Building a solid ice fortress at the St. Paul Winter Carnival is a Minnesota tradition dating to 1886. While the public long remembers these novel frozen palaces, those who designed them fade from memory. One of Minnesota’s most prolific architects, Clarence “Cap” Wigington, took on the task several times, in 1937, 1940-42 and 1947. He was one of the few black American architects at this time, and designed more than 90 St. Paul city projects, including the Highland Park water tower, which was completed in 1928.

A 3-D model of his 1942 ice sculpture will be just one aspect of the exhibition “The Builders: Shaping Minnesota’s Architectural Landscape on the Color Line,” opening Aug. 8 at Mill City Museum in Minneapolis. It highlights Wigington’s legacy and that of two other groundbreaking black men who built the Twin Cities — stoneworker Casiville Bullard and architect/stained-glass artist William Hazel.

It’s organized by JoJo Bell, executive director of the roving, project-based African American Interpretive Center of Minnesota, with assistance from co-curator Acoma Gaither.

Robyne Robinson points to the importance of this exhibition, which is also supported by her firm, fiveXfive art consultants, in addition to LSE Architects, and Color Space Art and Imaging.

“The amazing things these black architects have done during those times should give us pause to think — are we weaker and wiser, are we repeating the cycles of history?” said Robinson, the new board chairwoman of the Minnesota Museum of Art in St. Paul. “While the economy may be getting better, the unemployment rates are not good. [For black men and black people in general], it is double what it is for whites.”

Three showstoppers

Housed on the first floor of the Mill City Museum, this compact exhibition includes renderings and designs of Wigington from the Elmer L. Andersen Library at the University of Minnesota, Bullard’s photographic prints from the archives of the Minnesota Historical Society and photos of the structures Hazel designed in the 1890s, including the interior of the Grand Opera House, at 6th Street and Nicollet Avenue. It opened in 1883 and closed in 1895.

According to the 1910 U.S. Census, Wigington was one of only 59 black architects, artists and draftsmen listed in the entire country. He was the first black municipal architect in the country, moving from Omaha to Minnesota in 1914. Within three years he had become the senior architectural designer for the city of St. Paul, where he worked for 34 years. Several of his buildings, including the Holman Field Administration Building and the Harriet Island Pavilion, are on the National Register of Historic Places.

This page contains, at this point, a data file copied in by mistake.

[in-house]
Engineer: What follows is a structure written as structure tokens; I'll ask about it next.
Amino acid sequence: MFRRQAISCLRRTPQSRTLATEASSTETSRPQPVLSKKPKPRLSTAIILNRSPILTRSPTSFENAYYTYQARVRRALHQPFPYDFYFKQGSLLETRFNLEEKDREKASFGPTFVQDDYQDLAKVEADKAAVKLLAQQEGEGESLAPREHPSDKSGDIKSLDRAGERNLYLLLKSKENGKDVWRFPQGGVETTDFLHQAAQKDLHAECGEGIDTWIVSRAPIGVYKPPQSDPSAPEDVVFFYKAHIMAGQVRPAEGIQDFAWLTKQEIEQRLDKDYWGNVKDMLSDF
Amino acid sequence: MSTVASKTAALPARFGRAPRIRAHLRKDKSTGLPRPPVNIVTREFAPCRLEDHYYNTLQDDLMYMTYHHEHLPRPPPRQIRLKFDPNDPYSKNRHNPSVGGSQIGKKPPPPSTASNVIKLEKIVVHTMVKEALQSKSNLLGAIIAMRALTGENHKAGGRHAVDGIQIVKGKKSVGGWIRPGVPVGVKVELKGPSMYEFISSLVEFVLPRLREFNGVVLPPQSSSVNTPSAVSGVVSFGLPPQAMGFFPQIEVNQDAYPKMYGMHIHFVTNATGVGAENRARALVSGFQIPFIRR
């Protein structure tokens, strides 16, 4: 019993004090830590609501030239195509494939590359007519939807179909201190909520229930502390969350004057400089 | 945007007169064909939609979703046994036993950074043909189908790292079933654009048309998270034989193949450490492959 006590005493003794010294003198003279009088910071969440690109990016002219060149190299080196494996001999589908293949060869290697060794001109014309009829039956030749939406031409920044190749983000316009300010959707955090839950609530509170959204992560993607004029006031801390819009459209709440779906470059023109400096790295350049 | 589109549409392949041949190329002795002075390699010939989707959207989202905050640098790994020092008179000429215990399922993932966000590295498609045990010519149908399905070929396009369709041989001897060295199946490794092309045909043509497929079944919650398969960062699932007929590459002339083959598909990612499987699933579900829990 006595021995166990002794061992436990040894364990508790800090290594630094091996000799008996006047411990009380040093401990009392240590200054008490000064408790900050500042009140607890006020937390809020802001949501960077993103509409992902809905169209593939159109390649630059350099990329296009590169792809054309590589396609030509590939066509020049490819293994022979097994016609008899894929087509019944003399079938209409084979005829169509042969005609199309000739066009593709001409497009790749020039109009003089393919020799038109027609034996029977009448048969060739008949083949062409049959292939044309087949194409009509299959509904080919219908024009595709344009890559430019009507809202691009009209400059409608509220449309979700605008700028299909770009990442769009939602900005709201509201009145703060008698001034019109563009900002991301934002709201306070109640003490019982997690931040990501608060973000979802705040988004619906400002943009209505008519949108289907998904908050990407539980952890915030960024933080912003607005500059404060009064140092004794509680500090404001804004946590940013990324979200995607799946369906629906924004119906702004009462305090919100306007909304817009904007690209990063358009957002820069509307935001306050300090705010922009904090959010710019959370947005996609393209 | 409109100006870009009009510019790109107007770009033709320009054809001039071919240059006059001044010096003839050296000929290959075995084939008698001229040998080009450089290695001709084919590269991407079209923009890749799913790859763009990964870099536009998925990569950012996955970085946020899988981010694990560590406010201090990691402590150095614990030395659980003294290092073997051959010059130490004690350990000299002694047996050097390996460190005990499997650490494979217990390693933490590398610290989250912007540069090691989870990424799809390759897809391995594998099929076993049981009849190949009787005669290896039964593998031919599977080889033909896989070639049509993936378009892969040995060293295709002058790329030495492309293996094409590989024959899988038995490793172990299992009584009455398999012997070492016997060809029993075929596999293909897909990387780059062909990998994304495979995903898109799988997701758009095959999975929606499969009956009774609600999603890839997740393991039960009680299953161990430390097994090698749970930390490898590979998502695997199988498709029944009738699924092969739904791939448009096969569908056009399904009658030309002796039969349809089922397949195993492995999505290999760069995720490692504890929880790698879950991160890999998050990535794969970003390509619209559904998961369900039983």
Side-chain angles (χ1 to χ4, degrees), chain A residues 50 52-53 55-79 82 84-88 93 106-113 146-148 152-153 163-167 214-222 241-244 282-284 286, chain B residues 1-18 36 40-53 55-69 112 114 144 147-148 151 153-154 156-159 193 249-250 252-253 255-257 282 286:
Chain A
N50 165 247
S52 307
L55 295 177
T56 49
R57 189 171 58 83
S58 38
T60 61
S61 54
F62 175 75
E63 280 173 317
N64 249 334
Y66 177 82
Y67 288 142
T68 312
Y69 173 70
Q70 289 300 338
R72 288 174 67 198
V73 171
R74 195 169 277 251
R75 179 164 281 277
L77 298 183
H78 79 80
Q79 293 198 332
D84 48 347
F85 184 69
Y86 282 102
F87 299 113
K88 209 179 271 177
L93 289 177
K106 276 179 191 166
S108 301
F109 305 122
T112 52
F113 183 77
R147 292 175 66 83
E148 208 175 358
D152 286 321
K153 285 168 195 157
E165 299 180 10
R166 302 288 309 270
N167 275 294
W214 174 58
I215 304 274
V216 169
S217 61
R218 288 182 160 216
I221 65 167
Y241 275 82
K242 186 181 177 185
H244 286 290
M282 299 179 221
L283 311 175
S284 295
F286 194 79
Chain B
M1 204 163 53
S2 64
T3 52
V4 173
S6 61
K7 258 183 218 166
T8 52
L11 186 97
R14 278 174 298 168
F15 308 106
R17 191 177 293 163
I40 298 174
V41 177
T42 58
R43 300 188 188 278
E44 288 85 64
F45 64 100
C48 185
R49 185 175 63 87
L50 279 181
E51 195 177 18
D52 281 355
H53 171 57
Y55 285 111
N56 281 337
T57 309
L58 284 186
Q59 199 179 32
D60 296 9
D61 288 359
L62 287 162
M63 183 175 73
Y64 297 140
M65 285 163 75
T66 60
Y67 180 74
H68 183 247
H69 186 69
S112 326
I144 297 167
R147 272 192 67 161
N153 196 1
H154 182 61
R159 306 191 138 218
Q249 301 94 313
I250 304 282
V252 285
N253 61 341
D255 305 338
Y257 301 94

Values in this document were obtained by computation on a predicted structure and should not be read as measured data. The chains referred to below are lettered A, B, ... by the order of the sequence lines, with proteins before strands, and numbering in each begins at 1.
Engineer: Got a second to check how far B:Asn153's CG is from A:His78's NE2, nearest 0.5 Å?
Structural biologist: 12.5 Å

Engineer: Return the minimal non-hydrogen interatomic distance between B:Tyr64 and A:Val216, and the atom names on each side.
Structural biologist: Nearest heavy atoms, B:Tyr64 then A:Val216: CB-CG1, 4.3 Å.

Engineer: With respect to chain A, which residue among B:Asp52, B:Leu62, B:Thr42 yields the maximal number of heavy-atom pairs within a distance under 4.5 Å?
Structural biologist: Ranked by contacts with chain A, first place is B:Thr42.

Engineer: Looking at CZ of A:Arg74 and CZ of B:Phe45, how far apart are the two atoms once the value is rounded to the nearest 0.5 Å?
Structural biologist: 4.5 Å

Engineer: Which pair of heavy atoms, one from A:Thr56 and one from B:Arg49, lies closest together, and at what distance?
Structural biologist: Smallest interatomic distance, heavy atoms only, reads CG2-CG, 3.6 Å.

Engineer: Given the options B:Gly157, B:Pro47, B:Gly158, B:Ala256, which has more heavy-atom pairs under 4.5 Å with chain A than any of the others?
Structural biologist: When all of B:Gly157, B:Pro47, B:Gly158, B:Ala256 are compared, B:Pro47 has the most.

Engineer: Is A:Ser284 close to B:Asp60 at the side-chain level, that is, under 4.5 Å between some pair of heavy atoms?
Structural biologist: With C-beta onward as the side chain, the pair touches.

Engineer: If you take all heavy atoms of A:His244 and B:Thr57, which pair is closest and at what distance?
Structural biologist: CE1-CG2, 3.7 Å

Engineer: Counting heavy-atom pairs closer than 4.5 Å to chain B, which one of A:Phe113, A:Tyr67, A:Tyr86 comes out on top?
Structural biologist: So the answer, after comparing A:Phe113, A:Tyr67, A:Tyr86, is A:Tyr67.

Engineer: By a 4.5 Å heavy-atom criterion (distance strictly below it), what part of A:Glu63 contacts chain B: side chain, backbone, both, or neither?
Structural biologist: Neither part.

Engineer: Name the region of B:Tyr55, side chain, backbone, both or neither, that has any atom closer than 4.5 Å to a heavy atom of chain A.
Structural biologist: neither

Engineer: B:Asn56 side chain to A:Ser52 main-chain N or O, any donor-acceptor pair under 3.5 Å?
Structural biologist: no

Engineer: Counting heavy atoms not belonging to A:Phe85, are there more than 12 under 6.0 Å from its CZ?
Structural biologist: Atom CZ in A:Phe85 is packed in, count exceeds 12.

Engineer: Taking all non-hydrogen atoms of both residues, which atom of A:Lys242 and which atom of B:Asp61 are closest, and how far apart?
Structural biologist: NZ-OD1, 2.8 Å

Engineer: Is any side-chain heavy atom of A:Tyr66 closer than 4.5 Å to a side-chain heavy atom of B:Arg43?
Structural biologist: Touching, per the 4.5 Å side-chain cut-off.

During World War I, Wigington was instrumental in forming the 16th Battalion, Minnesota Home Guard, as a way to serve. Because of the military’s racist recruiting methods, he and other black men were allowed to serve only in segregated units.

Bullard was a bricklayer and stone mason, born in Tennessee in 1871 to former slaves. He came to St. Paul in the late 19th century. Known for working on Cass Gilbert’s famous Minnesota State Capitol, he also helped lay the brickwork for Wigington’s Highland Park water tower, the Cathedral of St. Paul and the Foshay Tower.

Bullard was a sought-after laborer, known for his skills in stone and brickwork, and was also a member of the Bricklayers Local No. 1, something that was unusual for a black man at the time.

He built his own home, a structure that still stands as a rare example of a house built by a skilled black laborer. It is now the 1909 Casiville Bullard House in St. Paul, and is listed on the National Register of Historic Places.

While Bullard and Wigington may be known for their bigger building accomplishments, the third man in the show also contributed in political ways.

Hazel, an architect and stained-glass artist who moved to St. Paul in 1887, was one of the few black designers/salesmen for Tiffany & Co. in New York. His professional achievements were as important as the actions he took against discrimination, long before the creation of the NAACP in 1909 or the civil rights movement.

After facing discrimination by local hotels, he sued under the Minnesota Civil Rights Act of 1885, and won a small settlement. The attention his case received in the press garnered him visibility and more clients.

Bringing the historical into the present is the kind of work that Robinson feels compelled to steward.

“As a more mature person in the community, it’s my responsibility to encourage curators like JoJo and Acoma to come into the fold,” she said. “In the development of this community, there is so much wealth and creativity that has come from Minnesota, and I don’t think people recognize that.”

The Builders: Shaping Minnesota’s Architectural Landscape on the Color Line  When: Opening program 6-9 p.m. Aug. 8. Ends Oct. 27. Open: 10 a.m.-5 p.m. Tue.-Sat.; noon-5 p.m. Sun.; 10 a.m.-5 p.m. Mondays in August. Where: Mill City Museum, 704 S. 2nd St., Mpls. Info: 612-341-7555,